Wednesday, October 21, 2009

Interfaith Kishkushim?

Event advertisement on campus: "When was the last time you met a swami/chief rabbi/imam/bishop/lama/Sikh?"

This evening, the University of Haifa hosted the fourth meeting of the Elijah Board of World Religious Leaders. Jewish, Christian, Muslim, Hindu, Buddhist, Ramakrishna, and Sikh representatives came to share their views on issues of religious leadership. Druze and Bahai leaders were also expected. The audience, mostly, but not only, composed of University of Haifa students, was almost as diverse.

Opening remarks were made by Professor Majid al-Haj, Vice-President and Dean of Research at the University of Haifa.

He addressed the audience in Hebrew (simultaneous English translations were provided via headsets). He started out with a citation commonly invoked in these types of gatherings. Here is a partial transcript:
"As a Muslim, I have to mention that in the Quran there is a passage that says, 'We have made you nations and tribes so that you may meet one another.' That's the main concept that exists in Judaism, in Christianity, and in all religions... The function of religion is to improve the society, and to regulate the relationships within the society and between the different groups."
As I've attended a few interfaith gatherings in the past, the concept and the content didn't seem entirely novel to me. One of the Buddhist monks described what often happens at these gatherings in a very humorous way: "You're nice, I'm nice, bye bye!" He did add that this was not his experience in this case, as these religious figures have been traveling together extensively for the past few days and have shared intimate experiences with each other.

One thing that sometimes frustrates me with these kind of meetings is that in order to stay civil and maintain their peaceful and unified stance, they must remain at the level of "interfaith kishkushim." No doubt that the visual message of all these different religious leaders together, highlighted by the various head coverings and robes and different ethnic backgrounds, is powerful. However, it seems obvious to me that there were many subjects that speakers shied away from (or possibly were told to avoid) for the sake of unity. And yet, that is not what will help people clear up misconceptions they may hold or understand the point of view of other religions.

Advertising for this gathering promised people the chance to meet different religious leaders. That means that it is potentially an opportunity for people to get answers about very real questions they may have about other religions. However, those very questions, though they represent dialogue, might also at the same time shut down real dialogue. I think there are two basic conditions which must exist at this type of gathering in order for real dialogue - by which I mean dialogue which transforms the people it engages - to occur. The first is that the leaders must be willing to speak openly and bravely about their faith, and the second is that the audience must not ask questions in order to provoke or to prove their own religion "right," but rather to learn and understand.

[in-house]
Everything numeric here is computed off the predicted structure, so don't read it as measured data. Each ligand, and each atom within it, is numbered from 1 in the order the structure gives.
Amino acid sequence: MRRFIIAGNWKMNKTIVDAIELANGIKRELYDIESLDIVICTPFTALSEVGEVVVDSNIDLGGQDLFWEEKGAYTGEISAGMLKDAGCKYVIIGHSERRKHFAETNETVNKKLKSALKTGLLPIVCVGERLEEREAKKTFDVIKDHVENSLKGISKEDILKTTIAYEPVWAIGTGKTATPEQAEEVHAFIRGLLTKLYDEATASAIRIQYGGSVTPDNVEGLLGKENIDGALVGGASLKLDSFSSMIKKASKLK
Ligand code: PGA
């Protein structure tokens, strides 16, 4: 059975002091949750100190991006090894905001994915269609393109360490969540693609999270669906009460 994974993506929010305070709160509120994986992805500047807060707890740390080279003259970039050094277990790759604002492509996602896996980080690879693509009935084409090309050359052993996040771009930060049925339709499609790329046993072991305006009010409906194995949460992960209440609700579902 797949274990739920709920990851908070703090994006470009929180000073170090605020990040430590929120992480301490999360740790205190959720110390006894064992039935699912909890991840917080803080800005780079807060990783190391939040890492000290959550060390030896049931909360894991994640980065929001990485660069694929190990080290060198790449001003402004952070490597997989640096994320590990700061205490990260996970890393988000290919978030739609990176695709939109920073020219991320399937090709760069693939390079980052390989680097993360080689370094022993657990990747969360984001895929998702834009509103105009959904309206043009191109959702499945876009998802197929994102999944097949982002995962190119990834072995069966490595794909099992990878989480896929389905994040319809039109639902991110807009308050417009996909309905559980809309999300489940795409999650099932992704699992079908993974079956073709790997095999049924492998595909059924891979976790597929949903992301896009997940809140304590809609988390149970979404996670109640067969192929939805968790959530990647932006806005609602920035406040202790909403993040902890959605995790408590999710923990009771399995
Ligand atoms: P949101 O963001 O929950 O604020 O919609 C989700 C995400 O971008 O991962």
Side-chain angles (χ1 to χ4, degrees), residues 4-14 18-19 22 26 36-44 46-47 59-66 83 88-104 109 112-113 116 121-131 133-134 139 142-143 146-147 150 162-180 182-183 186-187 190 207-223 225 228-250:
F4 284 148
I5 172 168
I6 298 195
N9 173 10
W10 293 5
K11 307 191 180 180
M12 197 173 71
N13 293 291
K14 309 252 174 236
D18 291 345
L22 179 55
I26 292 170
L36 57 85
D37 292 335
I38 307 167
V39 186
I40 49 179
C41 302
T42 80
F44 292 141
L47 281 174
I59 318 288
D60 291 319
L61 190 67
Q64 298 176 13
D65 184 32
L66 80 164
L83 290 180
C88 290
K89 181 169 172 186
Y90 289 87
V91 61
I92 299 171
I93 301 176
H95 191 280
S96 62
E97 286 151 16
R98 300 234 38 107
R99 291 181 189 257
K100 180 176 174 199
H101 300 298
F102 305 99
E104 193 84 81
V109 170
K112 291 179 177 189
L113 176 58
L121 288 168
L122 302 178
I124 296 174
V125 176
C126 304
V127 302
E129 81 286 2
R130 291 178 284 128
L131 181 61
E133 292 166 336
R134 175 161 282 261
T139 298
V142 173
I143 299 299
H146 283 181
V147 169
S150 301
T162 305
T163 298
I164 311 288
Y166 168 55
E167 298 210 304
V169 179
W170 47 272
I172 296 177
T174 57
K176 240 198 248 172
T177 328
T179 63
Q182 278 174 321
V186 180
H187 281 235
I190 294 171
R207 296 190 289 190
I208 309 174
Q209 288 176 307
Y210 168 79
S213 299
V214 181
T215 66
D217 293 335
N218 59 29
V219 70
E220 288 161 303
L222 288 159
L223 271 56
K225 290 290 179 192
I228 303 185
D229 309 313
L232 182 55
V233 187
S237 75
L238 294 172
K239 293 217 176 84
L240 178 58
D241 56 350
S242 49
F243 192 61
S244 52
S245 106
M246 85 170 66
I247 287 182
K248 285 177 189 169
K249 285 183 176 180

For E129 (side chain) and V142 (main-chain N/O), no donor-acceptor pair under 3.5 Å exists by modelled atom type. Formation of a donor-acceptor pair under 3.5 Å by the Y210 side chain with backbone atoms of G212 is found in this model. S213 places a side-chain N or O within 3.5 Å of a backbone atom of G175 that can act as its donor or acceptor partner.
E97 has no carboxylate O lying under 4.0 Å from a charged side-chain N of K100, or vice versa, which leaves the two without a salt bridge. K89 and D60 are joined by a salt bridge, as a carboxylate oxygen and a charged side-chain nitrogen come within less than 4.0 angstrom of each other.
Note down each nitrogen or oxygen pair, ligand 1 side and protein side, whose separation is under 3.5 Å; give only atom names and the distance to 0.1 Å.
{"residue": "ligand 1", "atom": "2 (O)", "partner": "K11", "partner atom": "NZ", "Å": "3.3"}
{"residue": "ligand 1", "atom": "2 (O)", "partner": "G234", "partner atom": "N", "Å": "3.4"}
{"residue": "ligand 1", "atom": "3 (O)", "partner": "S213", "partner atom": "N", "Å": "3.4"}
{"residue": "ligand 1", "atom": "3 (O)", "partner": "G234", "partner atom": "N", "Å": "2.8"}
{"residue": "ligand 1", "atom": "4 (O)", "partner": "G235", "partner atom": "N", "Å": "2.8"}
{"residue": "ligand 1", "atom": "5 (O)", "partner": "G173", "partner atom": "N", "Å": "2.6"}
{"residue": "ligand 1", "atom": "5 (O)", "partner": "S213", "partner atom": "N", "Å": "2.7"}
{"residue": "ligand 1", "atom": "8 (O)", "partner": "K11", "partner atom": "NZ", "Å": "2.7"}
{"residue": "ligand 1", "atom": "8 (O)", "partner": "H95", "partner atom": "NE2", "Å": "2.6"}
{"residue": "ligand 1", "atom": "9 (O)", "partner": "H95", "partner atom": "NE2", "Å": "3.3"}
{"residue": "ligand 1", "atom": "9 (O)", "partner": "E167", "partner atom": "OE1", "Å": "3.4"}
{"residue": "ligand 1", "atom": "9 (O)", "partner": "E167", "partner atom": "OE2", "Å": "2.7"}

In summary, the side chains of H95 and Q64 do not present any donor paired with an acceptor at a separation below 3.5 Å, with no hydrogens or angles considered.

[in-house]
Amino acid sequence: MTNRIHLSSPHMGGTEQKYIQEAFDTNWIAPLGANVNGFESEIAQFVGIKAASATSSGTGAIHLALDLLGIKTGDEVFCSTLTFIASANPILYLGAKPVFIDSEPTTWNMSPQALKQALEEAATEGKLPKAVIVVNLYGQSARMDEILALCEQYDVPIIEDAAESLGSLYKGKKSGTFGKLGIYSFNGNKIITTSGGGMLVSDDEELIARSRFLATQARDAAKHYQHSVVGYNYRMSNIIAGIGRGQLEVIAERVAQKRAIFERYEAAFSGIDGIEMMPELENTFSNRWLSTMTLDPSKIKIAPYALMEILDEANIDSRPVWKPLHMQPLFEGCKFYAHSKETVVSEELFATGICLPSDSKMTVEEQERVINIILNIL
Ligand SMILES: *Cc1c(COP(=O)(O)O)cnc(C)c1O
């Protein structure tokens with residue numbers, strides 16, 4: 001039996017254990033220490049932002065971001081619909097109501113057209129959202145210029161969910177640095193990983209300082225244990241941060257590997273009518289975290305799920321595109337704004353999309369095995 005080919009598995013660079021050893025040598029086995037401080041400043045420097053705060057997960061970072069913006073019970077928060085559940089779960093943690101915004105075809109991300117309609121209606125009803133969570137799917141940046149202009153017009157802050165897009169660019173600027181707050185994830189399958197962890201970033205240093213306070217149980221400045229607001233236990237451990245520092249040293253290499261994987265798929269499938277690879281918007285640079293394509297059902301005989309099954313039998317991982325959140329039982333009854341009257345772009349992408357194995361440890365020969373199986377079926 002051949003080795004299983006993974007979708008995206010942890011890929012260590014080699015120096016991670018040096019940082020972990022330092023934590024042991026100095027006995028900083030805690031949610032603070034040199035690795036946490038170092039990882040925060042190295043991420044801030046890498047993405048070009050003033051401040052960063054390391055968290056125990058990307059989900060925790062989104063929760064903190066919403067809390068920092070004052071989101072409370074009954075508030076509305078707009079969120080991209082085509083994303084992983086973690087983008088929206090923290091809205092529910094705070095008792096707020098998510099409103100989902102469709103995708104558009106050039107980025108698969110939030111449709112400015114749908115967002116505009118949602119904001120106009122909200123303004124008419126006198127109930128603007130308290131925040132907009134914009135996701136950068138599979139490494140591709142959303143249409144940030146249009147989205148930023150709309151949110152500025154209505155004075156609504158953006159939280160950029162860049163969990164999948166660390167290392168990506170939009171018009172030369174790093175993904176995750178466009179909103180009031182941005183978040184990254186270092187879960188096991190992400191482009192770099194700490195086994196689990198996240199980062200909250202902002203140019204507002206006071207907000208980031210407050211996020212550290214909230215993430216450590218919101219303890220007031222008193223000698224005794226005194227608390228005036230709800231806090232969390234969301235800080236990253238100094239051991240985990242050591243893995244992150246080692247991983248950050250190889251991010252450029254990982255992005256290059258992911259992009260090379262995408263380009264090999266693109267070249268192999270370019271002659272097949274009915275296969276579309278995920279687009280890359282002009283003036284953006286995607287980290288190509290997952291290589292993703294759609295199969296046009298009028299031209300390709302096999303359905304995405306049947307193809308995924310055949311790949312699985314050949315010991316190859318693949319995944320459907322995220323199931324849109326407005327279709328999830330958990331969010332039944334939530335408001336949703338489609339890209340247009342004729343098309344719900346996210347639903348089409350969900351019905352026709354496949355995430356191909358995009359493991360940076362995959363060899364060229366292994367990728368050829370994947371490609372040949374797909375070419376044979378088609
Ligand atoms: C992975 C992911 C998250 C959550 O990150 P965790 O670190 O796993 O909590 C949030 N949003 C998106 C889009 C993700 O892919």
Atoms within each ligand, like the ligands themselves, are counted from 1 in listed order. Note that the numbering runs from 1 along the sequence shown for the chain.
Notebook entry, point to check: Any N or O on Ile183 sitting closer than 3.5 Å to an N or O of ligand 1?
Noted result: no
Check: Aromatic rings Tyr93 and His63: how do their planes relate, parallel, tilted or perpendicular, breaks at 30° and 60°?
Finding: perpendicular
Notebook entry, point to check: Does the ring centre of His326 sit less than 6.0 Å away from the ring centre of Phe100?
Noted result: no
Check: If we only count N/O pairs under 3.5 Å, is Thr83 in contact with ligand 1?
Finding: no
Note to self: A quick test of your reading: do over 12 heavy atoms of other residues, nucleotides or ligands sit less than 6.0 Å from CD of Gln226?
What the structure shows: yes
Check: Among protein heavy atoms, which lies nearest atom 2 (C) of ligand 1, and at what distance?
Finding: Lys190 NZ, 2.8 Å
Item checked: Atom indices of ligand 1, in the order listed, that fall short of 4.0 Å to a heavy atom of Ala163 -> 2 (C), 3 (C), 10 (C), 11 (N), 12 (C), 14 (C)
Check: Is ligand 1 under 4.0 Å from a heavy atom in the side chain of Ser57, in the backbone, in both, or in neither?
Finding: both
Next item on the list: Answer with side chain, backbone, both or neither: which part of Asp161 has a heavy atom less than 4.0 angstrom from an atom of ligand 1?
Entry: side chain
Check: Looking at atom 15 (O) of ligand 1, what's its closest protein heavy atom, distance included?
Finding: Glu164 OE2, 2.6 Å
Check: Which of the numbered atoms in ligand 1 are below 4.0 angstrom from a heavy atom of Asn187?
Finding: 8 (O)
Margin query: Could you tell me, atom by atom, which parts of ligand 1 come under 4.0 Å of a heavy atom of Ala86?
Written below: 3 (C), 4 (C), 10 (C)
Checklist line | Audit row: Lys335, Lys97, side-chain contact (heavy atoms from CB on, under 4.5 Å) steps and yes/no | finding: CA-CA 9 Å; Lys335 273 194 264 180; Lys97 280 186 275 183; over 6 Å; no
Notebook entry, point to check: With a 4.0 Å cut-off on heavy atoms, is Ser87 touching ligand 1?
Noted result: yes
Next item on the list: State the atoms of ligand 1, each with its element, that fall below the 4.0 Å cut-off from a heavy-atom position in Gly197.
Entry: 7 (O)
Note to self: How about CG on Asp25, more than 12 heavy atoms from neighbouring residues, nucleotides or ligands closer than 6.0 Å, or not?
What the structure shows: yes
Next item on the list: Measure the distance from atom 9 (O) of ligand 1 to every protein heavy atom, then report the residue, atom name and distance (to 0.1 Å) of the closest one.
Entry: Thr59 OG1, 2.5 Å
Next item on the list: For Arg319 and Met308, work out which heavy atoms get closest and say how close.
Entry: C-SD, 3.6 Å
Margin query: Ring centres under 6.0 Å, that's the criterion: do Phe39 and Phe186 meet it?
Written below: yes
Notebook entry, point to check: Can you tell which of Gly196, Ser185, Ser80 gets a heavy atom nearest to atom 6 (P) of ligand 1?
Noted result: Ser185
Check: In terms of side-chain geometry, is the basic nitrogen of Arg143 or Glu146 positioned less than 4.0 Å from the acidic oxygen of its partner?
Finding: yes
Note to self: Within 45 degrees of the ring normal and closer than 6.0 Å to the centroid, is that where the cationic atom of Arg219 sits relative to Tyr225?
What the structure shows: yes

In my opinion, there were two highlights at the conference. The first was Imam Dr. Abduljalil Sajid from England, who was brave enough to speak about what he termed, "religiously-motivated violence." He said very clearly that this is an issue in his faith community which will not go away by wishful thinking or by prayer alone, and in fact will grow. He elaborated that imams and sheikhs must stand up and challenge it. Collective actions with others (including people from other faith communities and "people with no faith") is what is needed. He also said, "My appeal to all of you is do not ignore or deny it. Accept it and do something about it. Share the concerns with your community and work against violence."

The second highlight was the "meet and greet" which followed the more official part of the program. Here came the real chance for the audience to approach, question, and learn from the international visitors. Unfortunately, some of the local leaders left a little early.

1 comment:

Amos said...

You've put your finger on some of the ways in which interfaith dialogue often turns out less than satisfying. I wonder if these kinds of events might be more successful if the focus is on the things that divide rather than unite the various religious communities. That would mean saying openly: we disagree vehemently on these particular issues. Where you go from there is not clear though. Dialogue means an actual engagement with the other's logic, and that almost never happens - it is rare even in academic settings.